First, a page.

She said the municipality’s inspection department seeks to develop the monitoring process by enhancing communication tools with women in society through use of technology and smart phones in order to provide continuous information about regulations, processes and requirements.
Acid Attacks on Women Cast Pall of Fear in Balochistan
01 July, 2014
QUETTA: A recent spate of acid attacks in Balochistan has sparked an impassioned debate about rising Islamisation that is forcing an increasing number of women to stay at home.
The horrific crime, which disfigures and often blinds its overwhelmingly female victims, has long been used to settle personal or family scores with hundreds of cases reported every year.
But two fresh attacks on consecutive days in the province last week, where until a few years ago such assaults were unheard of, suggests a new pattern is emerging.
Last Tuesday, two men on a motorcycle sprayed acid using syringes on two teenage girls who were returning from a market in Mastung town, 40 kilometres from the provincial capital Quetta.
The day before, four women aged between 18 and 50 had suffered the same fate in Quetta, in the market area of Sariab. They were partially burned.
“In accordance with our Baloch traditions, they were wrapped in big shawls as well as covering their faces. That... saved (them) from severe injuries,“ said Naz Bibi, mother of two of the victims.
Asked about the attackers, she said: “I can only request that they should not treat women in such a cruel way.“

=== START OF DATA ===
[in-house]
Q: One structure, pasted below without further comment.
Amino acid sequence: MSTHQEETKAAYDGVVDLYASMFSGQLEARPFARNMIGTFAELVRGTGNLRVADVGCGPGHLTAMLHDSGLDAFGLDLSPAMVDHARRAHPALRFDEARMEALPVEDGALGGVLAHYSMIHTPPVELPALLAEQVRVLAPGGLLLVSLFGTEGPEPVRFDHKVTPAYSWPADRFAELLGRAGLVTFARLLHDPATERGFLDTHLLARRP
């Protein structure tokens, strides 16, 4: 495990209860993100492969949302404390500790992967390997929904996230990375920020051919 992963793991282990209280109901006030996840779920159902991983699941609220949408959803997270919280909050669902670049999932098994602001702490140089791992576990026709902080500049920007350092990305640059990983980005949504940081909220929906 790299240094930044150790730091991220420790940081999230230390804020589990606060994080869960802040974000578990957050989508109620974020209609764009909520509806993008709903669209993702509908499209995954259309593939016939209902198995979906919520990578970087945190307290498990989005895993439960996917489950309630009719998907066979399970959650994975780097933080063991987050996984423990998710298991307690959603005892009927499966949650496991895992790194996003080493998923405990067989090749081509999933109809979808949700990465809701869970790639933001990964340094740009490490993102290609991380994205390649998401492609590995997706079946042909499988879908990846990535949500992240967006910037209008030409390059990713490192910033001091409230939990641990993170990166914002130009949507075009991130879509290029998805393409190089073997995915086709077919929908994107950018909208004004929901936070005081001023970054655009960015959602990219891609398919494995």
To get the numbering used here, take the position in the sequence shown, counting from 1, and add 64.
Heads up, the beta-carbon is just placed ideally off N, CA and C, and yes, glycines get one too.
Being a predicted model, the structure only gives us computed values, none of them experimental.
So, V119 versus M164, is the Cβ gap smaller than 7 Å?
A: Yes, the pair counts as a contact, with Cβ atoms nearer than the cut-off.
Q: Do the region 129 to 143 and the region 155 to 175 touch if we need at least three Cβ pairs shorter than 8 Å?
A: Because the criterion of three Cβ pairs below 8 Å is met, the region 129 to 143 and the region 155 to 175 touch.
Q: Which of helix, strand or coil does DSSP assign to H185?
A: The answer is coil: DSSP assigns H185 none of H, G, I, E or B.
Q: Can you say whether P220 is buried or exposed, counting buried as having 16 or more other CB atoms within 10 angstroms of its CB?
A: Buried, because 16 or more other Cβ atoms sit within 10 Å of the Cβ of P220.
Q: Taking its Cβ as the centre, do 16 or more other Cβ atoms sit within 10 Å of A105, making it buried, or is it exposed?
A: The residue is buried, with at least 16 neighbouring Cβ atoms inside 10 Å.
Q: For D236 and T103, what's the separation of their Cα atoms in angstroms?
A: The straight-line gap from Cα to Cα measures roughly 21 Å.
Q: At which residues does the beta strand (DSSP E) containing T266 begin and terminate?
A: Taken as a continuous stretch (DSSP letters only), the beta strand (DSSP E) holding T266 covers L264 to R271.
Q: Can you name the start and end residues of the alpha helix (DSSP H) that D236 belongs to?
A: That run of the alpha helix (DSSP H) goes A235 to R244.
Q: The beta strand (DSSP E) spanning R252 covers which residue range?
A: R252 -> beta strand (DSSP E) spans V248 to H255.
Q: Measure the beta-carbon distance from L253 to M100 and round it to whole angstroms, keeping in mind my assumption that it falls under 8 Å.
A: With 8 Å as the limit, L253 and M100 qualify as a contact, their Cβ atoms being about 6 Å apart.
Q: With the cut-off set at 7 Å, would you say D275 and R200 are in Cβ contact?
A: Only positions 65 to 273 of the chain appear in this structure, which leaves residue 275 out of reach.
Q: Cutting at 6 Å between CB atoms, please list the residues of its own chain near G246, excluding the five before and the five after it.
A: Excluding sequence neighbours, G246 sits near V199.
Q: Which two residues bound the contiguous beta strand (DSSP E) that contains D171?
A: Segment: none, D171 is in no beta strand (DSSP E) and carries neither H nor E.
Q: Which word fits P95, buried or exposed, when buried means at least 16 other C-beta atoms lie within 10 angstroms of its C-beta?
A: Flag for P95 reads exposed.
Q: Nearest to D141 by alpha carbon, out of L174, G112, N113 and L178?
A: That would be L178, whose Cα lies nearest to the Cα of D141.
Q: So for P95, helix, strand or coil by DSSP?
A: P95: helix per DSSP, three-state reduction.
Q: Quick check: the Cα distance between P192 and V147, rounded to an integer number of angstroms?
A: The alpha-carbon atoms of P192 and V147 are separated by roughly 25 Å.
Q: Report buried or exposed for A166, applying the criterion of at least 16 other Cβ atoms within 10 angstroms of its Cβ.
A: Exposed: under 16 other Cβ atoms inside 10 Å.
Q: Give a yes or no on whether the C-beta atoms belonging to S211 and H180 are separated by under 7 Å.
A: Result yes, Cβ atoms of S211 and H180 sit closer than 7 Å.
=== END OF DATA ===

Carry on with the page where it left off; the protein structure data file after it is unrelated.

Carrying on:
In most acid attack cases around Pakistan, the majority of victims know their attackers. When caught, relatives found guilty speak of punishing their victims for having sullied their “honour” or that of their family with “indecent” behaviour.
But, in these latest cases, the victims had no known connection to their assailants — which has led campaigners to suggest the attacks are part of rising religious extremism in the region.
Vast and sparsely-populated but rich in resources, Balochistan has long been racked by a separatist insurgency that has staunch leftist secular elements — including strong participation by women — and which reveres Communist icons like Argentine revolutionary Ernesto 'Che' Guevara.
Separatists say the attacks on women are the latest battlefront in an ideological war between the rebels, who are fighting for a greater share of the region's mineral and gas wealth, and state-backed Islamist proxies who want to terrorise the population into acquiescence.
“The aim of these inhuman acts is to prevent women from participating in education, as well as social, political and economic aspects of life by creating a climate of terror,” said Jahanzaib Jamaldini, vice president of the Baloch National Party, which is fighting for greater autonomy.
This week, three more women suffered injuries to their legs and feet in yet another attack — though police and senior officials have so far said the latest incident was a case of a “family feud”.
Mohammad Manzoor, a brother of one of the victims, lamented that the attackers were still at large. “They roam the area on motorcycles and the local people have spotted them, “he said.
In the Sariab district of Quetta, the scene of one of last week's attacks, Islamist groups like the Ahl-e-Sunnat Wal-Jammat (ASWJ), are increasingly coming to the fore.
Dressed in Arab garb, they are able to roam the area armed with automatic weapons without fear of molestation -- leading many to believe they are given tacit state backing.
“ASWJ controls the area with dozens of armed men,” said one young resident, standing under the group's flag as it fluttered in the breeze, adding that their presence scared families into preventing women from being out in public.
The group said the accusations were “without any basis”. “We condemn these attacks,” Ramzan Mengal, the group's leader in Balochistan said.
The acid attacks also fit a wider pattern of a steady erosion of women's rights, especially in separatist and erstwhile relatively secular strongholds.